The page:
These learners of today are the leaders of tomorrow
by Joyce L. Carroll
Special to Delaware Business Times
Today’s climb up a corporate ladder takes more than that extra mile to get the job done. While exceling within the workplace may result in promotions or pay raises, embodying leadership skills requires a multi-faceted, dynamic approach. Leadership Delaware Inc. (LDI), headquartered in Centreville, just graduated its eighth class.
Twenty-five men and women from all over Delaware and ranging in age from their mid-20s through their late 30s left the 10-month long program with broadened minds, heightened self-confidence, and, more than the desire, the ability to make a difference in their workplace, their community and beyond.
All the participants, or fellows, were accomplished prior to their selection to the highly competitive program. Often first recognized for their leadership abilities while working toward their educational pursuits, these men and women have already made an impression professionally. Their acceptance into the program follows a rigorous application and interview process.
“We ask [candidates] three things: Do you have the stuff of leadership? Are you exceptional? Do you have grit – are you resolute, resilient?” said LDI founder Terry Strine.
“We’re only sending the best and the brightest,” said Rod Ward, president and CEO of Corporation Service Co. in Wilmington. Six employees have taken part in the LDI program. A seventh candidate will join the 2017 class beginning in February. The company covers the $4,500 cost of attending the program and makes accommodations for missed workdays. Daylong LDI sessions take place the first Thursday and Friday of the month.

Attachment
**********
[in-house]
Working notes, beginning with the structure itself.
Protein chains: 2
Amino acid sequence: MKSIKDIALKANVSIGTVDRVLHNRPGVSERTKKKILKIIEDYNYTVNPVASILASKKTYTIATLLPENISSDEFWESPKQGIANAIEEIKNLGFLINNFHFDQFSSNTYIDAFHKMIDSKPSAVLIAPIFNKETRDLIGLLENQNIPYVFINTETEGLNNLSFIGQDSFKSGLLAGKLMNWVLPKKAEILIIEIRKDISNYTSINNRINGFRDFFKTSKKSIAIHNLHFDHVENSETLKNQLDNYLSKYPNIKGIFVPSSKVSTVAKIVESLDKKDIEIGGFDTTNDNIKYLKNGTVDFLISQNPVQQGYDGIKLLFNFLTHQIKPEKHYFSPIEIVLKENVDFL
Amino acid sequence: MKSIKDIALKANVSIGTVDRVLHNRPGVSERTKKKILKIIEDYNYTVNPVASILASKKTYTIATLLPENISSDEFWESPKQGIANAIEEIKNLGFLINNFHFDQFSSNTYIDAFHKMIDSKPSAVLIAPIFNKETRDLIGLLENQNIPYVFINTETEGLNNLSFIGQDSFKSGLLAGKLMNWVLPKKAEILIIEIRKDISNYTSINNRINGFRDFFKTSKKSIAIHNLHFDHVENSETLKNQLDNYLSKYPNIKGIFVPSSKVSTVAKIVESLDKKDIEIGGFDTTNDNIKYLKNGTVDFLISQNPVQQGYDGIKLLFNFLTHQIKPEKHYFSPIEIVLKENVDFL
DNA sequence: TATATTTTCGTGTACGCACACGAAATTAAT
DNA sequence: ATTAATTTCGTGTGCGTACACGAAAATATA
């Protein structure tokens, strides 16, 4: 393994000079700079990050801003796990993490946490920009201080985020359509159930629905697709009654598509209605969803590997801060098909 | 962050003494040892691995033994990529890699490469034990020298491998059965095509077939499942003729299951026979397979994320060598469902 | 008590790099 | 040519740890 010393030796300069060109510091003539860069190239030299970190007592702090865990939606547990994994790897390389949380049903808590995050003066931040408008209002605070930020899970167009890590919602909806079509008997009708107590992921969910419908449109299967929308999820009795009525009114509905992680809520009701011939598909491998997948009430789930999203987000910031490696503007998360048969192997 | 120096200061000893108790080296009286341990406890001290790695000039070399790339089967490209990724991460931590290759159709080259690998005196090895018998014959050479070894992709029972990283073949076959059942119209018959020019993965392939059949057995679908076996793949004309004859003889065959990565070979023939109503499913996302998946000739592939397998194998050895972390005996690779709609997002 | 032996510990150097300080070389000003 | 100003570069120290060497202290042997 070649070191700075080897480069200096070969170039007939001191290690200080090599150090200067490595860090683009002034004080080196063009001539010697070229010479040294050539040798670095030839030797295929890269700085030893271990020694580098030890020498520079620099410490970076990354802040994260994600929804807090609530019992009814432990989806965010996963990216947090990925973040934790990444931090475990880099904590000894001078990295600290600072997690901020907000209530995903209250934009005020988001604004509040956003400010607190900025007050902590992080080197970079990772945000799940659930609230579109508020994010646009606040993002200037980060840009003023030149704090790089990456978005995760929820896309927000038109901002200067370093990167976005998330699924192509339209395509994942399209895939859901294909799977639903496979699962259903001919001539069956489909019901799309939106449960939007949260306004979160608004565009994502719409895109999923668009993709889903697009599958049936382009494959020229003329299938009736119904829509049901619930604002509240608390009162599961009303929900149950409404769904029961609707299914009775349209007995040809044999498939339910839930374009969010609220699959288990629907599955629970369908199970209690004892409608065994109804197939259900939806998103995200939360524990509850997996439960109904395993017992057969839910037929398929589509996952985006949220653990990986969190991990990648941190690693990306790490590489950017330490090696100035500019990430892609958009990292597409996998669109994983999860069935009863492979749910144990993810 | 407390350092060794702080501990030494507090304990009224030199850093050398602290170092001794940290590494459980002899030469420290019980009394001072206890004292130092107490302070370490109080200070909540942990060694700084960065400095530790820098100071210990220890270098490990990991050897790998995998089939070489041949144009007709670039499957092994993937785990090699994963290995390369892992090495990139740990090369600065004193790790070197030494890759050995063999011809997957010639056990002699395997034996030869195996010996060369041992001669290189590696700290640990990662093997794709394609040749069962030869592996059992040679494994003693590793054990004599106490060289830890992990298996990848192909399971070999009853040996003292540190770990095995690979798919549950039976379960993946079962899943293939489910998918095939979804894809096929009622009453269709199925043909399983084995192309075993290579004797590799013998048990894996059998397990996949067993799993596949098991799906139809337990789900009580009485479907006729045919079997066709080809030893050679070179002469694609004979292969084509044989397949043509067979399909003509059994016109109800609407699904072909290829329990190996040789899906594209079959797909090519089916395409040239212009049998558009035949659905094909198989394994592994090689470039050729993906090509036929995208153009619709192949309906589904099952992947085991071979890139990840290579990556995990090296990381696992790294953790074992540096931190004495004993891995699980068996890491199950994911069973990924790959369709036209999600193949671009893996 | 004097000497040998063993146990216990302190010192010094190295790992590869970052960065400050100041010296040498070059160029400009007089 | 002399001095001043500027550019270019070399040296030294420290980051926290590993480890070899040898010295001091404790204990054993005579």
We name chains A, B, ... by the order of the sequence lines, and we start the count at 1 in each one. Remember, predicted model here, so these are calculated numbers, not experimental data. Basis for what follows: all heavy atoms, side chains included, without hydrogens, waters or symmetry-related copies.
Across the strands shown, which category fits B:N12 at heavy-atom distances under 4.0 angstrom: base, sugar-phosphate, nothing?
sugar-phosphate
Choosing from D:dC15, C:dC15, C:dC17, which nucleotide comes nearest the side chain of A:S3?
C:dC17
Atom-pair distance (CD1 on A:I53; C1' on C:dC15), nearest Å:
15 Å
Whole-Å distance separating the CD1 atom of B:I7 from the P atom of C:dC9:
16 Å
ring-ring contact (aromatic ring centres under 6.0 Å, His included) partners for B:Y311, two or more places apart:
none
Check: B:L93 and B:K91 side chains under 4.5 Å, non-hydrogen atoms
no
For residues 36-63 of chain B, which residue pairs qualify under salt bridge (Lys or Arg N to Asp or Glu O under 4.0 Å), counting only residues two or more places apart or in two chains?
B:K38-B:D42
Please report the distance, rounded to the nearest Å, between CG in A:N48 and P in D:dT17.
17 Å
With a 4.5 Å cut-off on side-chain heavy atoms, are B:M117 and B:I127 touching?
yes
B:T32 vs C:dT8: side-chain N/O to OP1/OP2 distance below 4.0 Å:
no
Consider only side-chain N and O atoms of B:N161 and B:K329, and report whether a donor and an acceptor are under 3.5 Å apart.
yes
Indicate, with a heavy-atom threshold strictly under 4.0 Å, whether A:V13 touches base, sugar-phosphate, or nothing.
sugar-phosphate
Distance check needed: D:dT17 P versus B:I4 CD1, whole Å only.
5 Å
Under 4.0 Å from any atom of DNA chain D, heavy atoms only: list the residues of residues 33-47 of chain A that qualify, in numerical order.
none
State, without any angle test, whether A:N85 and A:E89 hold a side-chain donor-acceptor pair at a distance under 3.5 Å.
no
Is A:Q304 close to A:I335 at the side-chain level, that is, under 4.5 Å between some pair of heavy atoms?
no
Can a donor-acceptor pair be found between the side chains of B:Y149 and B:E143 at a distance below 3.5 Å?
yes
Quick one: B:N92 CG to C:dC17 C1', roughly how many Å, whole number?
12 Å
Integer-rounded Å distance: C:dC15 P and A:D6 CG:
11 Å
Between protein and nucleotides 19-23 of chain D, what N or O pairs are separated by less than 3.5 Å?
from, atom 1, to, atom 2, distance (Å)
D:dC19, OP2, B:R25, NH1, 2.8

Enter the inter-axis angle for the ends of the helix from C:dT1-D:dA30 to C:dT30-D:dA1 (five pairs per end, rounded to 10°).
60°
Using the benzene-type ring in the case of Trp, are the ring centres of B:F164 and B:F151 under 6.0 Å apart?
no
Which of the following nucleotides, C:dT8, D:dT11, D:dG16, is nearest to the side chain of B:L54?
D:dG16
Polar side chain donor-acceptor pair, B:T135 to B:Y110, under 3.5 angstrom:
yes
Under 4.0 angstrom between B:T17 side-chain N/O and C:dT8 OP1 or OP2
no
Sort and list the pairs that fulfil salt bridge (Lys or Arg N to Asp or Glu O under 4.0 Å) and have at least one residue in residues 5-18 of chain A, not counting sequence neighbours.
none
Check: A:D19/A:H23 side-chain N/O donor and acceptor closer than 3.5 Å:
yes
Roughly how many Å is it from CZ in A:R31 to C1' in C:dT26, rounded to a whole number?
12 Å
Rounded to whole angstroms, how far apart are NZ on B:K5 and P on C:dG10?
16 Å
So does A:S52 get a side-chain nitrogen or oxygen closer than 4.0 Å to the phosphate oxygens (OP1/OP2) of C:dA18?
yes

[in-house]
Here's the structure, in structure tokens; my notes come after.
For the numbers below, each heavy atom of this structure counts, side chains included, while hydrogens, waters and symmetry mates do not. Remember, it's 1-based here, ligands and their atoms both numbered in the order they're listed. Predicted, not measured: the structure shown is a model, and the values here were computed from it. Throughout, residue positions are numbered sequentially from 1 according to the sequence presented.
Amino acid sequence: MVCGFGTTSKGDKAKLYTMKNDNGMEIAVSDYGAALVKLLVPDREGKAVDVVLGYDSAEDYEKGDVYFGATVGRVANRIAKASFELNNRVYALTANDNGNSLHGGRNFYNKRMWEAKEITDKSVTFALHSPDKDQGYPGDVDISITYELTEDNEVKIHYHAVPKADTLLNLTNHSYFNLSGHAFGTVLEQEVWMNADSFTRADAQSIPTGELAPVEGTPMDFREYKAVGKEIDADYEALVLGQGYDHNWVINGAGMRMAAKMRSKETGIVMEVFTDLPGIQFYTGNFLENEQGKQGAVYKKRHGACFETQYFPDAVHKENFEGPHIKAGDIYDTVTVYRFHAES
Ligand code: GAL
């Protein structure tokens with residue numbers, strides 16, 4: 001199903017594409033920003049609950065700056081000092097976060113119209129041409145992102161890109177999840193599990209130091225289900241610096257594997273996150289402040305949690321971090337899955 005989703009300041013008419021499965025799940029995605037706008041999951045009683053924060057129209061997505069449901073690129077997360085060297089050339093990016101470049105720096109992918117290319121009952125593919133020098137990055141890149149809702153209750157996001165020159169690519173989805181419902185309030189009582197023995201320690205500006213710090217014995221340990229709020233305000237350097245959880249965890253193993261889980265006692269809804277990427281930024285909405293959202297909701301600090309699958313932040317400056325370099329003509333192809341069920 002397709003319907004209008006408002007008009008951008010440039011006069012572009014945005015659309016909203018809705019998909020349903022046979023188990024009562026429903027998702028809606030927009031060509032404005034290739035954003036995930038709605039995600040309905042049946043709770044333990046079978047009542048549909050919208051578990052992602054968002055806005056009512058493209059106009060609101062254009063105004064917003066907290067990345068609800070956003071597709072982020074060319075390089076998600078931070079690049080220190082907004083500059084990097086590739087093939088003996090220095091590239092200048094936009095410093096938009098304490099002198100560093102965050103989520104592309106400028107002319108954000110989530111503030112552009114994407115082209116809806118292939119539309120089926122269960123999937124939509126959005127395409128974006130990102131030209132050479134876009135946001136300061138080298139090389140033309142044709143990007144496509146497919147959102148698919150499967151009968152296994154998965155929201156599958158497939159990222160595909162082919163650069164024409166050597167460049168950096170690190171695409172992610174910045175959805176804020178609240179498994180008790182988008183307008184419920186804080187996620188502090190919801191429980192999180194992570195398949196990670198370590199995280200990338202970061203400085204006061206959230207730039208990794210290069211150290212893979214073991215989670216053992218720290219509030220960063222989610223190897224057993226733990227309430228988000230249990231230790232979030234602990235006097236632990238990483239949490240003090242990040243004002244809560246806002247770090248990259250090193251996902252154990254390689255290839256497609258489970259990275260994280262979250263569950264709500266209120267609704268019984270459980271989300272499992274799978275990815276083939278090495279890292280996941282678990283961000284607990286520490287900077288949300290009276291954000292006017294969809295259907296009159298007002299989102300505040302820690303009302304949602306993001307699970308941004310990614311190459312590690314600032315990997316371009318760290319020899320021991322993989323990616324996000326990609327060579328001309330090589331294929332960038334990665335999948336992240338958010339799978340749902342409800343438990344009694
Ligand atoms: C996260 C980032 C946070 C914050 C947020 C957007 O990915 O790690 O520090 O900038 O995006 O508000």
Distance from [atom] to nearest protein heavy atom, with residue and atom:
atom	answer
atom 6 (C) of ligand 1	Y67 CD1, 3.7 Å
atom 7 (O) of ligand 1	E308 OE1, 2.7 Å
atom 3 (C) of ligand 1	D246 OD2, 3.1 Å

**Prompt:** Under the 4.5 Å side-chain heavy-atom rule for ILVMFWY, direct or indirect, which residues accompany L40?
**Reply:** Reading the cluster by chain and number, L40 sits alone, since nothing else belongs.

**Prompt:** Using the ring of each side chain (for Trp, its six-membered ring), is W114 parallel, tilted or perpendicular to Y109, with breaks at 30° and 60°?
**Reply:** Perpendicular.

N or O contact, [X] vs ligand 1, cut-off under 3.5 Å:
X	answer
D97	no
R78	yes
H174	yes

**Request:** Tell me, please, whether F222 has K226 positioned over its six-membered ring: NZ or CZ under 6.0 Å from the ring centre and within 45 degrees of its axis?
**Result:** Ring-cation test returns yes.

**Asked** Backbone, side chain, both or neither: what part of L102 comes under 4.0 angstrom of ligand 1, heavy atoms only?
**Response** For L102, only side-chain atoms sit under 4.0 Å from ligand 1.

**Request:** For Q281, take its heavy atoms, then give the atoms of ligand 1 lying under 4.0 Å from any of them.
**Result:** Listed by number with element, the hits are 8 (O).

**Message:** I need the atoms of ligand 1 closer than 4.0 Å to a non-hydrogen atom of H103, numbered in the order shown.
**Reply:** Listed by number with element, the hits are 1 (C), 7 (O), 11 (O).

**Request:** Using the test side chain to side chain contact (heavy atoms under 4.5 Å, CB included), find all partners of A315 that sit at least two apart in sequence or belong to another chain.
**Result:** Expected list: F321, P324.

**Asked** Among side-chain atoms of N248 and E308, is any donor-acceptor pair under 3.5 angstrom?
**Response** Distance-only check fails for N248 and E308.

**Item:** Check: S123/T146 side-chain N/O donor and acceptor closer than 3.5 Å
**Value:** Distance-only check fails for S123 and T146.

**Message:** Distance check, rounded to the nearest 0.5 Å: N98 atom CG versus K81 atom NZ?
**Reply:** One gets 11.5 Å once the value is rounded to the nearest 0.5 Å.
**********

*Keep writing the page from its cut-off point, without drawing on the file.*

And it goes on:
“We’d be foolish not to take advantage of this important leadership program. Developing talent is one of the most crucial things we can do. It’s such a unique program,” Ward said, adding, “In terms of leadership skills, the [participant] manages projects, works with teams, and works with the speakers. [These skills] are transferrable into the work environment.”
Corporation Service Co., Christiana Care Health System, WSFS and the University of Delaware are among the larger organizations encouraging employee participation. But Strine said recognizing leadership abilities is important no matter what a business’s size.
“It is the small company that is able to identify a gem and give that person an opportunity to rise,” he said.
The 2017 session will include a dozen organizations and companies that have never had anyone in the program. Among the newcomers is 1313 Innovation, a hybrid technology resource center in Wilmington founded by Paul McConnell. The facility is sponsoring Ryan Harrington who serves as 1313’s education coordinator.